Beginning Tuesday, prisoners across the country are planning to launch a strike, staging labor strikes, hunger strikes and sit-ins to draw attention to poor prison conditions, dismal or sometimes nonexistent pay for incarcerated workers, and the need for sentencing reform.
Detainees in North Carolina participated in a similar strike in 2016, and a prisoner at Lanesboro Correctional Institution (a state prison in Polkton plagued with violence and corruption) has called on others in the custody of the North Carolina Department of Public Safety to join in this year’s strike, which is set to last until September 9. Prisoners in at least seventeen states are expected to participate, Vox reports.
“Demands made by prisoners in North Carolina focus on the use of solitary confinement, the treatment of prisoners with mental health diagnoses, policies on mandatory minimum sentences and parole eligibility, the SRG (Security Risk Group) policy and the extreme restrictions it places on classified prisoners, a $10 fee for write ups, private contract companies working with NC prisons, and the lack of educational and rehabilitation programs,” strike organizers said in a press release this afternoon. “Issues regarding compulsory and low paid prison labor, described by prisoners and outside supporters as slave labor, are central to the prisoner strike, both nationally and in North Carolina.”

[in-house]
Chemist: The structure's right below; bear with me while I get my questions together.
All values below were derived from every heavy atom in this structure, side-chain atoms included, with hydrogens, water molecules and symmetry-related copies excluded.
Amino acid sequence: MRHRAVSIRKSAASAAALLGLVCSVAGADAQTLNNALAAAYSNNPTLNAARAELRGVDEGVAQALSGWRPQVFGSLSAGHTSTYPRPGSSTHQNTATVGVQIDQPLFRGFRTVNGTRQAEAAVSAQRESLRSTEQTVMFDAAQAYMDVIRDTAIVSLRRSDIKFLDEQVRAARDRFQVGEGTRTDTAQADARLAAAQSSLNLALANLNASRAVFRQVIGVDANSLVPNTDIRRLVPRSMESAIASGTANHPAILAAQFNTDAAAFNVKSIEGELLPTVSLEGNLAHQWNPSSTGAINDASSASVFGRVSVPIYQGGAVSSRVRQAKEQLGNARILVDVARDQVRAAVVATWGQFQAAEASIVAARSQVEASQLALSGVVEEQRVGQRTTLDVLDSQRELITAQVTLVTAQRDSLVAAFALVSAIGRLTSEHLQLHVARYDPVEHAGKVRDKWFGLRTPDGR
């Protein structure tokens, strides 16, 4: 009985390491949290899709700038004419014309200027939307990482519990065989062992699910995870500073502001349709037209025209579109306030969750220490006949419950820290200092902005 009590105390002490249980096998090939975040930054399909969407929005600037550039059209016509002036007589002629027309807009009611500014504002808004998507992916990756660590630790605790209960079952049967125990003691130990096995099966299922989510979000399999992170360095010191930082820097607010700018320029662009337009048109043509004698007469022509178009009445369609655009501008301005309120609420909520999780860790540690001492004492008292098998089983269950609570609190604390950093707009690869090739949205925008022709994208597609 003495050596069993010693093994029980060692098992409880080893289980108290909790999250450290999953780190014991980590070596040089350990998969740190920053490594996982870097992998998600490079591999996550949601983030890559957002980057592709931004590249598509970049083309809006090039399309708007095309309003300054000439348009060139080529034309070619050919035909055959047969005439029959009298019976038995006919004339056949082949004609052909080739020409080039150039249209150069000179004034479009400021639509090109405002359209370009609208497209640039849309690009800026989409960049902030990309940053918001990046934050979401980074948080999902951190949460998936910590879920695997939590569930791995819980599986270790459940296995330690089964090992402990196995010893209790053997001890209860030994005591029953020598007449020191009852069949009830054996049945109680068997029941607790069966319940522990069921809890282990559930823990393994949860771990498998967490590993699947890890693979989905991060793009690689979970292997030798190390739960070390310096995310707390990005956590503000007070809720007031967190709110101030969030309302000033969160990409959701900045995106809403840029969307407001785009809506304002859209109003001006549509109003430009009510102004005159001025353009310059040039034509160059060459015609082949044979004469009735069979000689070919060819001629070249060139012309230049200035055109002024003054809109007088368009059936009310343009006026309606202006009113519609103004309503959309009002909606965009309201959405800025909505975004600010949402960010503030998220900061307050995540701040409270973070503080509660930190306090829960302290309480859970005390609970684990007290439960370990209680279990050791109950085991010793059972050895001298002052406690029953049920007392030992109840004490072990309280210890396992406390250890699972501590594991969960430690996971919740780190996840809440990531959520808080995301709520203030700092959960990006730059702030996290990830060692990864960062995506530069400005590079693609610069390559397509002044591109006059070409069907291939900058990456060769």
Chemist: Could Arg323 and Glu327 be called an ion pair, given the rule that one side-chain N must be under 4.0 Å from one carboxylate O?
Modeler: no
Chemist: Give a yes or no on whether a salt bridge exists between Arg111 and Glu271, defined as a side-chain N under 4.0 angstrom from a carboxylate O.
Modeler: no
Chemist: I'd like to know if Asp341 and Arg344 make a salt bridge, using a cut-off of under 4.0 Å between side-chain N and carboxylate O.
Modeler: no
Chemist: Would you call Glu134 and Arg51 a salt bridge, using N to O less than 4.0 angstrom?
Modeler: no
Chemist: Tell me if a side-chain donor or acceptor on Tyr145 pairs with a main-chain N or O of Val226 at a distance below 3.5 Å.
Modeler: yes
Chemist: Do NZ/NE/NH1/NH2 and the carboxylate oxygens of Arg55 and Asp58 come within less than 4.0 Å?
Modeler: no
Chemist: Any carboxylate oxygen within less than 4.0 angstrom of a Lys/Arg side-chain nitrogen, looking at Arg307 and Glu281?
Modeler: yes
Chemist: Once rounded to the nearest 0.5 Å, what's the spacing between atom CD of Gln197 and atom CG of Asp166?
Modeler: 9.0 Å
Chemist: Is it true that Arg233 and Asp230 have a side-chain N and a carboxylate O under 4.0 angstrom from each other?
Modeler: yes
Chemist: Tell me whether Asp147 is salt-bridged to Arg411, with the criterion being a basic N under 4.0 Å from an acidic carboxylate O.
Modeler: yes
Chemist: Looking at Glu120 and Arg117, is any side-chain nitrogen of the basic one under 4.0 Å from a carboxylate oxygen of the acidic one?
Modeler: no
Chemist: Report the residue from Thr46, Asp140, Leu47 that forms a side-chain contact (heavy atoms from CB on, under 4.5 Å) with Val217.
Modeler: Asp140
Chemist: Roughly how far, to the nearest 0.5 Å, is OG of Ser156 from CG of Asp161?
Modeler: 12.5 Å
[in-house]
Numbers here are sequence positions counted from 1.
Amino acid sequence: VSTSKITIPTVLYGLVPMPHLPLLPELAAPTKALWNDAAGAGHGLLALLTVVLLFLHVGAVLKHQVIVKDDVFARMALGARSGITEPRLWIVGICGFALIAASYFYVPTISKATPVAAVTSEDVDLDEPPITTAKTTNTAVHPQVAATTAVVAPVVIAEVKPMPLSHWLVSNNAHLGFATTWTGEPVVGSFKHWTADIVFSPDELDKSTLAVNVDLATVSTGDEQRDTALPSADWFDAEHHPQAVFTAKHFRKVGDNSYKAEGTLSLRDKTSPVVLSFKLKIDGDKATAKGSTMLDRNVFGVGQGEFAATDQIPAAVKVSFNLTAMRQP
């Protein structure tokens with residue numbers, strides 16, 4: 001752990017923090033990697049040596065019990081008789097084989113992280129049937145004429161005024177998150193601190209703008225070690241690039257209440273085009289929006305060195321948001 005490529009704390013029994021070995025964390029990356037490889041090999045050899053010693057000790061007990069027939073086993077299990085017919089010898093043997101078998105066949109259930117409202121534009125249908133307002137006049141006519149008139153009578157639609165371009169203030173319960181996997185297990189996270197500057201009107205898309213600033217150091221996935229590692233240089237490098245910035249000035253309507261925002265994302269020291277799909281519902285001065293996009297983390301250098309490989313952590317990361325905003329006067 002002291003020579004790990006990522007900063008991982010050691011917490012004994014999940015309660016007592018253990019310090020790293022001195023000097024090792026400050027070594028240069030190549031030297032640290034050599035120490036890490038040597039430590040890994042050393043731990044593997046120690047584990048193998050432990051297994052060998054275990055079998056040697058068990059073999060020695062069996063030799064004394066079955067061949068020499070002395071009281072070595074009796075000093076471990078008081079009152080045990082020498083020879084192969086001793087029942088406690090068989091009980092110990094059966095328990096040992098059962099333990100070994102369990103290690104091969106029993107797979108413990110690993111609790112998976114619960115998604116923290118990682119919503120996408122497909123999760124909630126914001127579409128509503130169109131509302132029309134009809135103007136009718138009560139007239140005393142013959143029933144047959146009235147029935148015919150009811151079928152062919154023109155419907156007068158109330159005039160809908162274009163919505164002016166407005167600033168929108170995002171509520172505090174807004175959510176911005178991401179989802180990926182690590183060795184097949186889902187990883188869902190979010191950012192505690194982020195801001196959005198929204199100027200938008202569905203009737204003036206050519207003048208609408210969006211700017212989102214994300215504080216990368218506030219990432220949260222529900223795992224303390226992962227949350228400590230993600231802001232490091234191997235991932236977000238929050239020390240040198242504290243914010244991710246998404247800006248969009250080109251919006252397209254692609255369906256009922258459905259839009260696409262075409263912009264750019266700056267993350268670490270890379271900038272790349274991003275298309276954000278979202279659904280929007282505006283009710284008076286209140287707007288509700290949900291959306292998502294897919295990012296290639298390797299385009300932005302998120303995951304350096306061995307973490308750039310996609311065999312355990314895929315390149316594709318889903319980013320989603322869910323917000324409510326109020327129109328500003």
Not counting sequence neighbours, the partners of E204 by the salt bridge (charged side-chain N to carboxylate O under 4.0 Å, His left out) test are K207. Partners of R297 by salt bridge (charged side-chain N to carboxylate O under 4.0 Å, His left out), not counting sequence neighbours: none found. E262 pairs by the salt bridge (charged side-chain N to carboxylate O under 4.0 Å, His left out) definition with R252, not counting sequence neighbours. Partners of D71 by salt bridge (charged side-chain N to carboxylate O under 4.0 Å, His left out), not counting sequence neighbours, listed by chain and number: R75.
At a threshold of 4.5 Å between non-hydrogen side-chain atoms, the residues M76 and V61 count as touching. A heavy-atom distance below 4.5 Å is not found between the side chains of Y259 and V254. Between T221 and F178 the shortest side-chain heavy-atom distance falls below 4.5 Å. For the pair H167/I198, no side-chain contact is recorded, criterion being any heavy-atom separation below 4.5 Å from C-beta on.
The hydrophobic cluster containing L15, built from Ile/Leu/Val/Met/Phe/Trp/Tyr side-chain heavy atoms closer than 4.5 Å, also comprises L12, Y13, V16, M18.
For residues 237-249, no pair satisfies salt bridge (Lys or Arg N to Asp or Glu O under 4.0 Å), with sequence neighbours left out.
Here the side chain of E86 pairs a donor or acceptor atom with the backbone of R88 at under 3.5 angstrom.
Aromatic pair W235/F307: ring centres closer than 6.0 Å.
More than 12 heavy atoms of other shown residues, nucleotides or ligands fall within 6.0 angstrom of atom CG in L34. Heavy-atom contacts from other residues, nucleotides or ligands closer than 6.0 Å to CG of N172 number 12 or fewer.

Two events will be held in the Triangle this week in solidarity with striking prisoners.
On Wednesday evening, the Triangle chapter of Industrial Workers of the World will host a discussion about prison abolition and the demands of those who plan to go on strike. On Thursday evening on UNC campus, UNControllables will host Slavery Never Ended, a discussion about the history of prison strikes and how to support the upcoming one.
Prisoners in the custody of the North Carolina Department of Public Safety earn between 40 cents and $3 per day, depending on the training and skills required for a job (different policies apply for those on work release or those working for private industries). Working can also earn them time off their sentence.
“The North Carolina prison system is one of the most progressive in the country in providing rehabilitative and reentry services to our offender population. Incarcerated individuals have many opportunities to further their education thanks to partnerships with community colleges and other entities,” Kenneth Lassiter, NCDPS director of prisons, said in a statement to the INDY regarding the possibility of a work stoppage. “They can participate in job training that will assist them in obtaining and maintaining employment once they leave prison. Through these work programs, they are taught skills and responsibility and are better equipped to pay such things as restitution owed for their infractions, as well as prepare for life outside prison.”
The national prison strike grew out of a call for action by Jail Lawyers Speak in response to an April 2017 riot at Lee Correctional Institution in South Carolina, in which seven inmates were killed. The anonymous group of prisoner rights advocate slisted ten demands:
“The goal is not to hold out and win negotiations with officials, but to last those nineteen days and punch the issue to the top of national political consciousness and agenda,” says the Incarcerated Workers Organizing Committee, part of IWW.